Railhead is abundant in originality and imagination, rich in characters and story, captivating in its world building, mould breaking in its ambivalent morality, and enthralling in its sensitive questioning of how, when and why we, and the world, need a fresh start. It is one of my books of the year so far, probably a book of the decade, possibly . . .

We should all 'Listen . . .'

*Thomas the Tank Engine and Friends break bad.



Sunday, 4 October 2015

Some more fine 'misfits'

Every now and then I find myself reading a children's or YA book which does not really fit in at all with the fantasy theme of my blog but which is sufficiently remarkable to make me wish to record and recommend it. So here is another clutch of these outstanding 'misfits'.
I much admired, and greatly enjoyed, Katherine Rundell's compelling and original Rooftoppers. The Wolf Wilder is a very different, but no less wonderful, book.
It has many outstanding features. One that it does share with its predecessor is a splendidly gutsy and strongly drawn girl protagonist. Here Feo, who shares with her mother the very special role of 'wolf wilder', is no fragile flower. Her body is sturdy and scarred, her hair is wayward, her clothes are dirty and stink of wolf and she reportedly hugs with the strength of one too. Her determination and courage are formidable, but her considerable internal beauty also shines through like a beacon. She is a human being to die for. Also characterfully drawn are her two principal companions. Whilst one, Alexei, is in embryo a committed revolutionary fighter, the other, Ilya, is a boy soldier who would rather be a ballet dancer instead. Ilya, however, has considerable courage and loyal strength of his own and, whilst he may have something of Billy Elliot in his conception, it is nevertheless most valuable to have another role model for artistically-aspiring boys so tellingly portrayed in quality literature.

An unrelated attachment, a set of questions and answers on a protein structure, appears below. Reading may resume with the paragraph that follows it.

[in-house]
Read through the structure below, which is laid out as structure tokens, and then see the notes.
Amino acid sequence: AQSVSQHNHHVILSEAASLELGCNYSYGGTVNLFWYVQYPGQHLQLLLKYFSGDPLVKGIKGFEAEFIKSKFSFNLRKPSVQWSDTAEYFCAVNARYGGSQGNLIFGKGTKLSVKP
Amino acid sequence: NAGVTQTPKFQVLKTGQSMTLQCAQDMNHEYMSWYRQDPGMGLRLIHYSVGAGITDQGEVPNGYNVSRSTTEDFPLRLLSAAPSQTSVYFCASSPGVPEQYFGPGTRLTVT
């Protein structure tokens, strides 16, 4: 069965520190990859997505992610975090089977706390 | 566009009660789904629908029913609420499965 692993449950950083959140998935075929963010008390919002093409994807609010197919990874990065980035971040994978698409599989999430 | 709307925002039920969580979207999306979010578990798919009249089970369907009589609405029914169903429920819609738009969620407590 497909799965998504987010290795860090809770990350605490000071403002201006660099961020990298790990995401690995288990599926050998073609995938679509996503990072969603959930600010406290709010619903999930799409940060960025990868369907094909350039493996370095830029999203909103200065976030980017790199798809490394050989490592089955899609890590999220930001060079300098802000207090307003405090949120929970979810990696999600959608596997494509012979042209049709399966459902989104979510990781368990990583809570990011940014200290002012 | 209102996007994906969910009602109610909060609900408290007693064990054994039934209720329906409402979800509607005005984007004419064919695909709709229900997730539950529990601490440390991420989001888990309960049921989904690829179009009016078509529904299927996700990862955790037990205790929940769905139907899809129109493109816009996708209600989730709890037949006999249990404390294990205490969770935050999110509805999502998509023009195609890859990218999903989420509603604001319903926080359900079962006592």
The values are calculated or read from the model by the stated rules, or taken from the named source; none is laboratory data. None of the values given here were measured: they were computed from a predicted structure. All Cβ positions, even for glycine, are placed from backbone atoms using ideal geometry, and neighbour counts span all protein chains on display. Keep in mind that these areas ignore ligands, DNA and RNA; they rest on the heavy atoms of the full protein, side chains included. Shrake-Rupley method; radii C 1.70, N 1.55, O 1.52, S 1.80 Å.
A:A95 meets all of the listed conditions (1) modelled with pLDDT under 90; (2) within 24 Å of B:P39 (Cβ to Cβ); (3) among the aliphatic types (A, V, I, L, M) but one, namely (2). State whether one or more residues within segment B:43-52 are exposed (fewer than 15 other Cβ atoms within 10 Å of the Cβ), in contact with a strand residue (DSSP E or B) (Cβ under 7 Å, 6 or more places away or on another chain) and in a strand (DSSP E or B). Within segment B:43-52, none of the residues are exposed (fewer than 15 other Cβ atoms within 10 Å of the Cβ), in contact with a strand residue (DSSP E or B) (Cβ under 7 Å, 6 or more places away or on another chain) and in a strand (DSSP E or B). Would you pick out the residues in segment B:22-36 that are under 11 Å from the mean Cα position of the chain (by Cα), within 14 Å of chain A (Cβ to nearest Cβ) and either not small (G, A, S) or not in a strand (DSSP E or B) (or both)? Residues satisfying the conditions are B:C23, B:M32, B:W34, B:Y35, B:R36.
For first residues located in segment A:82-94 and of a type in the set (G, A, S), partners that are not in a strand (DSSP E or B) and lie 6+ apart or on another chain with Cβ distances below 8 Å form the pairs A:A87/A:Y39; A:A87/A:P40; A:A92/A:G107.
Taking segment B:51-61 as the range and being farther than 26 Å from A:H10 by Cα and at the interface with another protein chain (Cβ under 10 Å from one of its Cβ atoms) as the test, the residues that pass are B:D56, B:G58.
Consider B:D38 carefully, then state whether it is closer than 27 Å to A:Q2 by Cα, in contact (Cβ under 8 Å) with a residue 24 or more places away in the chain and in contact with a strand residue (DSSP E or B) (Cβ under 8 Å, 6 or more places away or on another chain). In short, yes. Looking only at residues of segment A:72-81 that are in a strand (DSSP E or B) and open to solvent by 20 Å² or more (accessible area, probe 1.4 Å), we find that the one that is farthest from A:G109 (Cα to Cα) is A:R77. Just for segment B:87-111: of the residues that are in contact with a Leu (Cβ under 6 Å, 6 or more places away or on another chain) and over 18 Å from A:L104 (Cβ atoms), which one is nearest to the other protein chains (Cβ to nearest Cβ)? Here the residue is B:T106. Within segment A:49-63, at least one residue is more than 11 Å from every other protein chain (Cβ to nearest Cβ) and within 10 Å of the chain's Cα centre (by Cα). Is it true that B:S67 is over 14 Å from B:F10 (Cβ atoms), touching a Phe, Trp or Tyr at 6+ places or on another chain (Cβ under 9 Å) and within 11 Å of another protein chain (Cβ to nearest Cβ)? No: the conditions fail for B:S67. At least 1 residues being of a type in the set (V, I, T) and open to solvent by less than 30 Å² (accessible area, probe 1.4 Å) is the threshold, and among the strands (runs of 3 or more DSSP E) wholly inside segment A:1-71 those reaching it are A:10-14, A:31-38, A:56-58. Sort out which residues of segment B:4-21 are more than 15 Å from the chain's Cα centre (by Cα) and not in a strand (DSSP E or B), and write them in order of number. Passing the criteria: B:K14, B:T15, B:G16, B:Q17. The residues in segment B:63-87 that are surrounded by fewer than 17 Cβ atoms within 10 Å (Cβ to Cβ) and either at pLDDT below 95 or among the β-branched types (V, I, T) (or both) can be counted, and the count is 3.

The Wolf Wilder in an engrossing and exciting adventure too, the tale of Feo's gruelling treck through the hardships of a Russian winter to find and rescue her wrongly arrested mother. It also has an uber villain, a megalomaniac general in the nominal service of an ineffectual Tzar. This context gives everything much deeper and resonant meaning. Whilst it is, in itself, a story of much needed popular resistance to oppression in pre-revolutionary Russia, it also resonates with so many situations in the world, past and present, where ordinary people need to stand up against mindlessly cruel tyranny, be this on a large or on a small scale.
Woven into all this is one of the most sure-fire winners of literature, the exploration of a deep relationship between a human being and particular, special animals. In this book Feo's bond with her, almost wild, wolves is as remarkable as it is profound. However it is never sentimental. Feo's wolves claw her, piss on her, sometimes ignore her. Yet the bond between them is deep, real, compelling and sometimes heart-rending. The Wolf Wilder is everything that an animal story can be - and so much more.